There is no man that Spidey can trust, especially not after he sided with the Pro-Reg side in Civil War. And when you can climb walls, tie people up with webs and sense the various unseen objects being hurled at you by robotic tentacles, there really isn't much people can do to hurt you. You don't have any friends or siblings, so the only option your enemies have is to attack your love interest (Gwen Stacy/Mary Jane) or your doddering, helpless maternal parental figure (Aunt May, the geriatric punching bag of Marvel). The best part is that they don't even need to google up their addresses, because chances are all your enemies will have met one or both of them at some point in their supervillainy career.

Why can't Spider-Man have any friends? Is it just something about him? Does he just attract bad guys wherever he goes, or is it just a superhero thing? Surely other heroes have meaningful platonic friendships with other men?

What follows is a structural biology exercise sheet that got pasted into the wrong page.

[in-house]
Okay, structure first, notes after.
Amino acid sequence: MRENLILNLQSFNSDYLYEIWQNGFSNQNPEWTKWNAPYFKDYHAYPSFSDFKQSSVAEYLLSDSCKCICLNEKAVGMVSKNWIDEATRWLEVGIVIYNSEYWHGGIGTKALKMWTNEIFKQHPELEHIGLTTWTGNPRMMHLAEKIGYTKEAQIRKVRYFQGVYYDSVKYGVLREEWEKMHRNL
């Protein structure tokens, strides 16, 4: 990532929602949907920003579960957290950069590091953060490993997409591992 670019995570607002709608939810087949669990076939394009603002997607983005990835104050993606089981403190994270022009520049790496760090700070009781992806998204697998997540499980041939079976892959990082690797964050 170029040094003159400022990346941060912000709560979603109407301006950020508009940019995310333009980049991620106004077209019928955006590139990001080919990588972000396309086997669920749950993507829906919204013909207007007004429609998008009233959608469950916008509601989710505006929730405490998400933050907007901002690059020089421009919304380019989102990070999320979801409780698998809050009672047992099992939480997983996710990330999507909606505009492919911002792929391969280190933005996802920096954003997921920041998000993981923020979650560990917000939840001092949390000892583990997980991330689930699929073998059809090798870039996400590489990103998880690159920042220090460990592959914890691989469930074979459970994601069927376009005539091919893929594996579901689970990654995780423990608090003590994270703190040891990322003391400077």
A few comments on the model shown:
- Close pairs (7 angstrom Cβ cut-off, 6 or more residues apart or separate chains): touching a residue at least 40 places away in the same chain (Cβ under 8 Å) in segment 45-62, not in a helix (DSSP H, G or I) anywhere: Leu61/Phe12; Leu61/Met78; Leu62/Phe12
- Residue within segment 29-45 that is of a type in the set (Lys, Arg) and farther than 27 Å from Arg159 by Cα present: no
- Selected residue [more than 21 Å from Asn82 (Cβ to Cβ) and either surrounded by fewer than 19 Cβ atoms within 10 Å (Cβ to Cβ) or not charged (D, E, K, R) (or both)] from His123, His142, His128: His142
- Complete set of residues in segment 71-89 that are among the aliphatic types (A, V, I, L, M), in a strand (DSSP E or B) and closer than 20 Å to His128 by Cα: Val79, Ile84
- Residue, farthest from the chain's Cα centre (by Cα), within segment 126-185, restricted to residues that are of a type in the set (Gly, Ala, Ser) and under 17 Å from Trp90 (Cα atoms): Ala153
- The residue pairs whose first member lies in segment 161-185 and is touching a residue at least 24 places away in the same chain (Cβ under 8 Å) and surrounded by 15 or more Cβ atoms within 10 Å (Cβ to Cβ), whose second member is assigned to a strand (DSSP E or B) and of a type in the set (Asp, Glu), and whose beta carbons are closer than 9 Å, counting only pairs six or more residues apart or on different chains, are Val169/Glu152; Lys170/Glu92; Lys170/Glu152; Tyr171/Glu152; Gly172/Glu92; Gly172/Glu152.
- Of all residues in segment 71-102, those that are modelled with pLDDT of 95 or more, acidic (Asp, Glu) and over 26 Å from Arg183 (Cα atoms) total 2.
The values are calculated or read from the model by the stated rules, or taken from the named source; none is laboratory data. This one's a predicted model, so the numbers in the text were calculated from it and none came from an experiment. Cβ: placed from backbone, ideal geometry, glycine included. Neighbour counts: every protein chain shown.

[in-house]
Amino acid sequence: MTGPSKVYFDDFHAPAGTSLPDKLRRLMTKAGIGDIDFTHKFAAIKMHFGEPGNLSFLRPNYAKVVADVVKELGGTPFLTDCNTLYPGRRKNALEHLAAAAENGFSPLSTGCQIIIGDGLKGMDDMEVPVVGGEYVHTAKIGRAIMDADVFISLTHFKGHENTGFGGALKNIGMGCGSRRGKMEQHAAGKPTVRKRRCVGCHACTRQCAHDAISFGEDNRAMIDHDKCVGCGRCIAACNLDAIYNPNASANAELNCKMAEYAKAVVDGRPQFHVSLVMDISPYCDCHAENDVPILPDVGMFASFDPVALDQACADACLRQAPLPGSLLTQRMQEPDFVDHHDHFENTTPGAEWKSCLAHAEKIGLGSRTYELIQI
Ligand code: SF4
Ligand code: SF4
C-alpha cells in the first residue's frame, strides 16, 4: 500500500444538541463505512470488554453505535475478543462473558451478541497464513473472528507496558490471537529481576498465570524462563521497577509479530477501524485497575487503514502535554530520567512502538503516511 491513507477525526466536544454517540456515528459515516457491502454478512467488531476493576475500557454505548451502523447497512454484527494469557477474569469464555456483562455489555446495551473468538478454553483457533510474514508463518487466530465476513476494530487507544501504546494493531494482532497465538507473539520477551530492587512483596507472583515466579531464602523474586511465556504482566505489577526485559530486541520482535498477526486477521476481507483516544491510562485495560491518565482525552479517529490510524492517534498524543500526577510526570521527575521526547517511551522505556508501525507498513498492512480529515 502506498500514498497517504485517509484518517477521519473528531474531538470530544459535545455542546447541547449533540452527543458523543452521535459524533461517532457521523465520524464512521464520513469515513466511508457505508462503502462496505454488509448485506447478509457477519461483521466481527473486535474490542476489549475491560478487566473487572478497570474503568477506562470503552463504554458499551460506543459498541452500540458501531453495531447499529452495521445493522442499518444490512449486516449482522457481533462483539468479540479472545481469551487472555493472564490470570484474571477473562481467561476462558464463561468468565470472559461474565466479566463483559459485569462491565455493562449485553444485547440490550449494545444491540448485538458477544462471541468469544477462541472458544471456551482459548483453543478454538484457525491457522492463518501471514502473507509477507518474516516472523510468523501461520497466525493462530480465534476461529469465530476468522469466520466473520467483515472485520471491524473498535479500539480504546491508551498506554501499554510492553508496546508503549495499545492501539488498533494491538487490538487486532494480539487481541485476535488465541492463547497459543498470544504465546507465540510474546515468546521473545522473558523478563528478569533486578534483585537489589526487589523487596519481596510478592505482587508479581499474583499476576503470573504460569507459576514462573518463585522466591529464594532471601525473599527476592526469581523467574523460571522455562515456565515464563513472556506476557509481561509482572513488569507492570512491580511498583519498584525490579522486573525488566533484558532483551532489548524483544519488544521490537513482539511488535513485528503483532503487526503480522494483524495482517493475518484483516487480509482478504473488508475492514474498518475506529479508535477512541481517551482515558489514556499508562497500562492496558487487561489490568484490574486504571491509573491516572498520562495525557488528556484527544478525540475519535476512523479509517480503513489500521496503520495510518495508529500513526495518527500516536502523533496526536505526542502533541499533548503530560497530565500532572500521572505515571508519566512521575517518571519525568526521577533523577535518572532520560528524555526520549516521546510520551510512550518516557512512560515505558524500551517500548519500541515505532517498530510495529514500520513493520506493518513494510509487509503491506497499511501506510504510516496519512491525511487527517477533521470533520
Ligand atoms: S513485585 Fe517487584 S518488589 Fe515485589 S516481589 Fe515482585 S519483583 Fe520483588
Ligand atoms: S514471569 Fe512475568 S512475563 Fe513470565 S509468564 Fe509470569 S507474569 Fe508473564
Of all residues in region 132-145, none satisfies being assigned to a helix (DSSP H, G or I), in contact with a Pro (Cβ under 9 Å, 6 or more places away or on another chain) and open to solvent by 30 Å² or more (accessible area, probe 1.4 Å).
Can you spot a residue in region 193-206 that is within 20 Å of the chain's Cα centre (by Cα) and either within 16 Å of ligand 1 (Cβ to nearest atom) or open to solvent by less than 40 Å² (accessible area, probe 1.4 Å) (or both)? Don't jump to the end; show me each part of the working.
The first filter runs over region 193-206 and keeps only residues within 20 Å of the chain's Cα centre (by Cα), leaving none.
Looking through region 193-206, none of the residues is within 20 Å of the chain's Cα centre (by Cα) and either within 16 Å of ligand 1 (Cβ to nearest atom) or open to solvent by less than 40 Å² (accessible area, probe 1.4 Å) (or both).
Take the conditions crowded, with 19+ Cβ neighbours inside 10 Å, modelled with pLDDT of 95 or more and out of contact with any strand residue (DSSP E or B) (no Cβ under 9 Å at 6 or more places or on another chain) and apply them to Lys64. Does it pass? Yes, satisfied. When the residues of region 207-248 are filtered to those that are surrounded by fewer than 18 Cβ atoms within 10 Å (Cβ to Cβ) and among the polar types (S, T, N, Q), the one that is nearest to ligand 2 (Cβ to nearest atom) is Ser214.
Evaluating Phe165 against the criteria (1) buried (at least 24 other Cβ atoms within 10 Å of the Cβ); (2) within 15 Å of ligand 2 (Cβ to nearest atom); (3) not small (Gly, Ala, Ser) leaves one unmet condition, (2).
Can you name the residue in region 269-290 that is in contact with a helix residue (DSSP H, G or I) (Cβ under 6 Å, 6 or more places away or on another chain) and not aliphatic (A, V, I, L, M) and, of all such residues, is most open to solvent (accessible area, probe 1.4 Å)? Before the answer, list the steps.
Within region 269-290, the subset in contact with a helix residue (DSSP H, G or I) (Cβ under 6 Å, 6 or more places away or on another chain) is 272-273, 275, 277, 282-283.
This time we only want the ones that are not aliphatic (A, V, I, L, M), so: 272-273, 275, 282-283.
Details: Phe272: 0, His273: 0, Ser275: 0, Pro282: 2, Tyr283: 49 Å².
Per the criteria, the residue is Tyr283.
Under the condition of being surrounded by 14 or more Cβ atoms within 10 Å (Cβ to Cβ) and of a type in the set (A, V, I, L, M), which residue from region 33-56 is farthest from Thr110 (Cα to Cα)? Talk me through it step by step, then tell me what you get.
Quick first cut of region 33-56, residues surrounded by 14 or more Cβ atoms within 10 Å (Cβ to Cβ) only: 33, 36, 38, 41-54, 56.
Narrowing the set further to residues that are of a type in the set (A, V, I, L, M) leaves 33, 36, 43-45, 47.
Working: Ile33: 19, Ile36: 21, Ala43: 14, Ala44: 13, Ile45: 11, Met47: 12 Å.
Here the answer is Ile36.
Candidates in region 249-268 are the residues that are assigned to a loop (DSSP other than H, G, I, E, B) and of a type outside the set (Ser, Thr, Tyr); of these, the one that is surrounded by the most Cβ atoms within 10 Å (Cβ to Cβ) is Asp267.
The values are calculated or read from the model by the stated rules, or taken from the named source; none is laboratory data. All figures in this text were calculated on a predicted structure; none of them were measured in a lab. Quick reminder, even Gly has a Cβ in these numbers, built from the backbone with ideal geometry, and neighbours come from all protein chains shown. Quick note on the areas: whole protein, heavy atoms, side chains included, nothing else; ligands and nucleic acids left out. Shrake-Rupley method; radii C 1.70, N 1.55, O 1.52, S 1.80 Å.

Green Arrow? Partakes (unwillingly) in mindwiping Batman, who wasn't far from the finish line, mentally speaking.

Aquaman? Constantly being usurped by his brother Ocean Master.

The Hulk? Launched into space by a group of other heroes, one of whom was his former psychiatrist.

The Punisher? Killed his sidekick. And two hours of my life when War Zone came out.

The lesson here is, obviously, that other men cannot be trusted. If they don't become your enemies, they will steal your thunder to make room for their own career. If Superman is his “best friend”, why does Batman keep a kryptonite ring lying around?